Washington Oct. 9. 07.
Your 2d. letter on the subject of gunboats came to hand just before my departure from Monticello. in the mean time the enquiry into the proposition had been referred, agreeably to our usage, & to reason, to the practical persons of the department to which it belonged, deemed most skilful. on my arrival here I found the answers of the persons to whom it was referred, the substance of which I now inclose you. I am not a judge of their solidity, but I presume they are founded and the rather as they are from officers entirely favorable to the use of gun boats.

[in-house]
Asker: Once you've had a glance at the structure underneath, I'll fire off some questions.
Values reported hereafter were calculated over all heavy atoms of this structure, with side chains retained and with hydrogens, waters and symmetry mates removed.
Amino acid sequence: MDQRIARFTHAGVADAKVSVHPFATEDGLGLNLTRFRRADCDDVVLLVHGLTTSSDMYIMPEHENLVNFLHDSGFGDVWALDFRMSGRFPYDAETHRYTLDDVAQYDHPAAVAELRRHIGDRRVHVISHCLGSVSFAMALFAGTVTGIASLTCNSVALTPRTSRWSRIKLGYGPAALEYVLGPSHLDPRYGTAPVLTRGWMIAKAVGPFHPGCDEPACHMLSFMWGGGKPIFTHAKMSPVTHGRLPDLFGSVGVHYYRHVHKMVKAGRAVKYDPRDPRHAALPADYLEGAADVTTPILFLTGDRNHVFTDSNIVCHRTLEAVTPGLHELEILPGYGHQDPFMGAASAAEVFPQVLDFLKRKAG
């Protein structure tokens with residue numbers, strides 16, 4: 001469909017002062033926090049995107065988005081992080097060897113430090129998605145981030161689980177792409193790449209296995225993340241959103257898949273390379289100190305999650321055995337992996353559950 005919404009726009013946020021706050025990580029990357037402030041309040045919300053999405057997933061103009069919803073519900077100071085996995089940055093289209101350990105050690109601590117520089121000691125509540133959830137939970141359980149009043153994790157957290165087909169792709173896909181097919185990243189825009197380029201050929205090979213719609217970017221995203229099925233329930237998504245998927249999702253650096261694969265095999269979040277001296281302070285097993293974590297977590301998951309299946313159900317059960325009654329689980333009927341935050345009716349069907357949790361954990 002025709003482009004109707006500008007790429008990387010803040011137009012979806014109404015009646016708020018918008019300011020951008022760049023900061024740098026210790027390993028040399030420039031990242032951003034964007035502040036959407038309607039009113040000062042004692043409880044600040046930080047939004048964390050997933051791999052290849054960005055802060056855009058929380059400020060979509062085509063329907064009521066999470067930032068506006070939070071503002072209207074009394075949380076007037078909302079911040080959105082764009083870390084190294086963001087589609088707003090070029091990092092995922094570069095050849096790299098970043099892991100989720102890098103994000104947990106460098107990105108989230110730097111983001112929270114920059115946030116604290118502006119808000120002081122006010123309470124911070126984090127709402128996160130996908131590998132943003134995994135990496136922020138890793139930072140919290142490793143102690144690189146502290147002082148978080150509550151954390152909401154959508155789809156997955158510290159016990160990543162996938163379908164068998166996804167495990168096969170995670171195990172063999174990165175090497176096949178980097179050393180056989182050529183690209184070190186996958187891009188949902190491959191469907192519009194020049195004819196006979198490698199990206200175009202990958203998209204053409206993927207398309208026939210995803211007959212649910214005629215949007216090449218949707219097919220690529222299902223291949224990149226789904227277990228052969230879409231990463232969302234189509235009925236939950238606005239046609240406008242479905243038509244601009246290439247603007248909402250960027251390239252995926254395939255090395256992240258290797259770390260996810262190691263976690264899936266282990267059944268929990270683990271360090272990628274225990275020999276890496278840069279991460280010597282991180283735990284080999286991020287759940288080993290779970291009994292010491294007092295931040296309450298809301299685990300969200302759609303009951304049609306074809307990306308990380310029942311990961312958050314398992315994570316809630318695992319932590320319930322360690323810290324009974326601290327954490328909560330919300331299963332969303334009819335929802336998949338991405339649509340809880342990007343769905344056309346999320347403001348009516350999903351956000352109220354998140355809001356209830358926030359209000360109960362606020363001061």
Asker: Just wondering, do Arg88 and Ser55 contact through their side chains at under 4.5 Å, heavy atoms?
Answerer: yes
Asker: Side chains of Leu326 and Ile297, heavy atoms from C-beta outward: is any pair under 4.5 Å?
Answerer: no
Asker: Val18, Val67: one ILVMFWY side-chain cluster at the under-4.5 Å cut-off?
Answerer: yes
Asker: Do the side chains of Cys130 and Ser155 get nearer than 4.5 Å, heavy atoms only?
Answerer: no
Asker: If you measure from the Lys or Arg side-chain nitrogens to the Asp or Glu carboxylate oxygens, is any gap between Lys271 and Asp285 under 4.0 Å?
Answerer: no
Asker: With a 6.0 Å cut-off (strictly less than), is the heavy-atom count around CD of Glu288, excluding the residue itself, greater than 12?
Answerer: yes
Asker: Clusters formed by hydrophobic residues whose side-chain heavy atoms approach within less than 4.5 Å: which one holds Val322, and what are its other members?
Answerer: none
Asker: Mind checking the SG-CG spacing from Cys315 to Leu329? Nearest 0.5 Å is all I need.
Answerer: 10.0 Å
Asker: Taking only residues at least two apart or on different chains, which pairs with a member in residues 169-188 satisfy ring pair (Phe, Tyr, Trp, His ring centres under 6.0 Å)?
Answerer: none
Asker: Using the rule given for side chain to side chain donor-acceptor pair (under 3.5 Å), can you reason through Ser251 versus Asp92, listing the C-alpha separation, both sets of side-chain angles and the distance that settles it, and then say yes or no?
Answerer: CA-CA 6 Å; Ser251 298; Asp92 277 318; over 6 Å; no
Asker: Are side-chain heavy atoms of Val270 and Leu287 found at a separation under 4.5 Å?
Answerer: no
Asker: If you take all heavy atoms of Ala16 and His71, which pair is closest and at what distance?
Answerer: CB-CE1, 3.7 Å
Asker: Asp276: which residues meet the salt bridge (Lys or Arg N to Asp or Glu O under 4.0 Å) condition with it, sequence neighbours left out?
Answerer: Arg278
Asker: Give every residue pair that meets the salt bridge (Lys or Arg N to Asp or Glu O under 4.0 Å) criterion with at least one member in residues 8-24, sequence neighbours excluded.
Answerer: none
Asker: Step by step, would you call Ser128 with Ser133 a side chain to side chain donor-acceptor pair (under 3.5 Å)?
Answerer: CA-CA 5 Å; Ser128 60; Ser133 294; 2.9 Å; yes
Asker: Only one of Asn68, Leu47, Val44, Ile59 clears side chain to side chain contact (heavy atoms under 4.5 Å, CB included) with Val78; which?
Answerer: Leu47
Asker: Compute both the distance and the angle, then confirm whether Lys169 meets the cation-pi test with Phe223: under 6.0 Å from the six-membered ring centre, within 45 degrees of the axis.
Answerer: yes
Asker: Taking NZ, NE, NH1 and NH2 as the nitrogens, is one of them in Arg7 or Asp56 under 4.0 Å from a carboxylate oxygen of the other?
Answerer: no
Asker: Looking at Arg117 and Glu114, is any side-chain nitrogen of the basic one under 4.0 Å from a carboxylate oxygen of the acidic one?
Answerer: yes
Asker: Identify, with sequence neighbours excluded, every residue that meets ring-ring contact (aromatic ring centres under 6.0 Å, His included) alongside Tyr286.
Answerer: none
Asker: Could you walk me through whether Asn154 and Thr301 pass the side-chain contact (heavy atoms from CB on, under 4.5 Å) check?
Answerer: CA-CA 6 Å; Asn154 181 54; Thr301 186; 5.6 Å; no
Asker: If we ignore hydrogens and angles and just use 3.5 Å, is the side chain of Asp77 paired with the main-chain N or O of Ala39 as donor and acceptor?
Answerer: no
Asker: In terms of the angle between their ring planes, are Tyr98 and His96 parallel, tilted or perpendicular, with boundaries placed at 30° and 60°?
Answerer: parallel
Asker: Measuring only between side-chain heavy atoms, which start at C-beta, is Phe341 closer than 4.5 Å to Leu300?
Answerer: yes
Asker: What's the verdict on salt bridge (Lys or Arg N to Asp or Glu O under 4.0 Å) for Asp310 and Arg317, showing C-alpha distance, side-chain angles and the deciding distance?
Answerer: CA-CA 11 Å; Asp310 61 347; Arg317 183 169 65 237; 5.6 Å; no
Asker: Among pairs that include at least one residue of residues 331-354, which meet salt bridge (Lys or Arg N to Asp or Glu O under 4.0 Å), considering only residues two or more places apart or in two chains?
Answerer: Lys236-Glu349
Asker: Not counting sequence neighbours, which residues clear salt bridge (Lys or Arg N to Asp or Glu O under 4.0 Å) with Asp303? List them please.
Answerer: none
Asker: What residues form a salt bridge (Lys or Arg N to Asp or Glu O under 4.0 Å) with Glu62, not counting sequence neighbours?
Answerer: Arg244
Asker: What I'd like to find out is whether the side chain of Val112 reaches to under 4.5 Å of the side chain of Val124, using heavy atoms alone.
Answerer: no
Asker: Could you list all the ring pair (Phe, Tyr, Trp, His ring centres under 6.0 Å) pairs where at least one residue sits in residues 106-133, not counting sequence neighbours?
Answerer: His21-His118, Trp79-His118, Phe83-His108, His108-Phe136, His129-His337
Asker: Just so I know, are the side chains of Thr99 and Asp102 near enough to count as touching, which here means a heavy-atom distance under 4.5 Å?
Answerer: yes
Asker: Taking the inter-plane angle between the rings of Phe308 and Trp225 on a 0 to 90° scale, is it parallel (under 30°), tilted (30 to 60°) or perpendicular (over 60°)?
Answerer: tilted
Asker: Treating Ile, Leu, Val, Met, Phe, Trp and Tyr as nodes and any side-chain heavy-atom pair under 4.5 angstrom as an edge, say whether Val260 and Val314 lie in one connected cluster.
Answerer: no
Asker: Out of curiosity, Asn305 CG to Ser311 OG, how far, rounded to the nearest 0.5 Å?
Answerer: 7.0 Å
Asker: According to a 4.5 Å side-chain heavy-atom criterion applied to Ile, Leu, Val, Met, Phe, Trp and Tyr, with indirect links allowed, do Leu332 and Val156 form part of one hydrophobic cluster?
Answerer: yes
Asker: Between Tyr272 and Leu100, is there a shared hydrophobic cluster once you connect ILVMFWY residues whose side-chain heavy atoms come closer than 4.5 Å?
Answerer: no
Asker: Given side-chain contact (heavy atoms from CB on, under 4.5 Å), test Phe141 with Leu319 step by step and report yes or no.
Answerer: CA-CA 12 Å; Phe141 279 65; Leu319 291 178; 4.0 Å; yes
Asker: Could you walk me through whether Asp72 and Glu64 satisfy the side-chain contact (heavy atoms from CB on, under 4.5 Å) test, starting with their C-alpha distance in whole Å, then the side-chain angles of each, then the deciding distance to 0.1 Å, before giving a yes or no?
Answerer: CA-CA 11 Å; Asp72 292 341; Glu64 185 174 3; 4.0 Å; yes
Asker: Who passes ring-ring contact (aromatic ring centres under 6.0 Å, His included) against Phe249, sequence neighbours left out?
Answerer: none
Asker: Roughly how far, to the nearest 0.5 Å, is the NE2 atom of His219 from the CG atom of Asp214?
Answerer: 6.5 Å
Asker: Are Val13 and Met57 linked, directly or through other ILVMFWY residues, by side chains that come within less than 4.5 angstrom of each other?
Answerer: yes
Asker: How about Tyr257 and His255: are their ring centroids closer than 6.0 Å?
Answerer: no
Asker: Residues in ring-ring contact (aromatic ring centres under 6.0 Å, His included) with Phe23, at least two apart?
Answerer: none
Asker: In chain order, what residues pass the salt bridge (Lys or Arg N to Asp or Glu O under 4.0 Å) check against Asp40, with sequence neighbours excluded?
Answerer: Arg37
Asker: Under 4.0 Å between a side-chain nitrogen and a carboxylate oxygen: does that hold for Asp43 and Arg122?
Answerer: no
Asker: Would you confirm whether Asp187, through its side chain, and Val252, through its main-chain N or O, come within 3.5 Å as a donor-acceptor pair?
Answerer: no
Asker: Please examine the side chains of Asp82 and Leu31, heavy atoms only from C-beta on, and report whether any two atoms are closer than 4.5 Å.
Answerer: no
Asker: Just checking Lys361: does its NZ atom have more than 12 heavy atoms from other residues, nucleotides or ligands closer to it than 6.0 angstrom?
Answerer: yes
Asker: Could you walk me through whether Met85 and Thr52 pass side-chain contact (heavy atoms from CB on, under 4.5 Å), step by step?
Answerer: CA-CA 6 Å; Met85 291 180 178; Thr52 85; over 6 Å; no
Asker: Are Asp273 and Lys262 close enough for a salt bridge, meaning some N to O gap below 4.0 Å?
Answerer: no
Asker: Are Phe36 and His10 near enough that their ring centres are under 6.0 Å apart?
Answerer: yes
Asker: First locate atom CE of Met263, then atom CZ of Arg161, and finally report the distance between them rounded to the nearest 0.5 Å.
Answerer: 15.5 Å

We have as yet no knolege of the arrival of the Revenge in England but we may daily expect to hear of it; and as we expected she would be detained there & in France about a month, it will be a month hence before we can expect her back here. in the mean time all the little circumstances coming to our knolege are unfavorable to our wishes for peace. if they would but settle the question of impressment from our bottoms, I should be well contented to drop all attempts at a treaty. the other rights of neutral powers will be taken care of by Bonaparte & Alexander, and for commercial arrangements we can sufficiently provide by legislative regulations. but as the practice of impressment has taken place only against us we shall be left to settle that for ourselves: and to do this we shall never again have so favorable a conjuncture of circumstances. Accept my friendly salutations & assurances of great esteem & respect
DLC: Papers of Thomas Jefferson.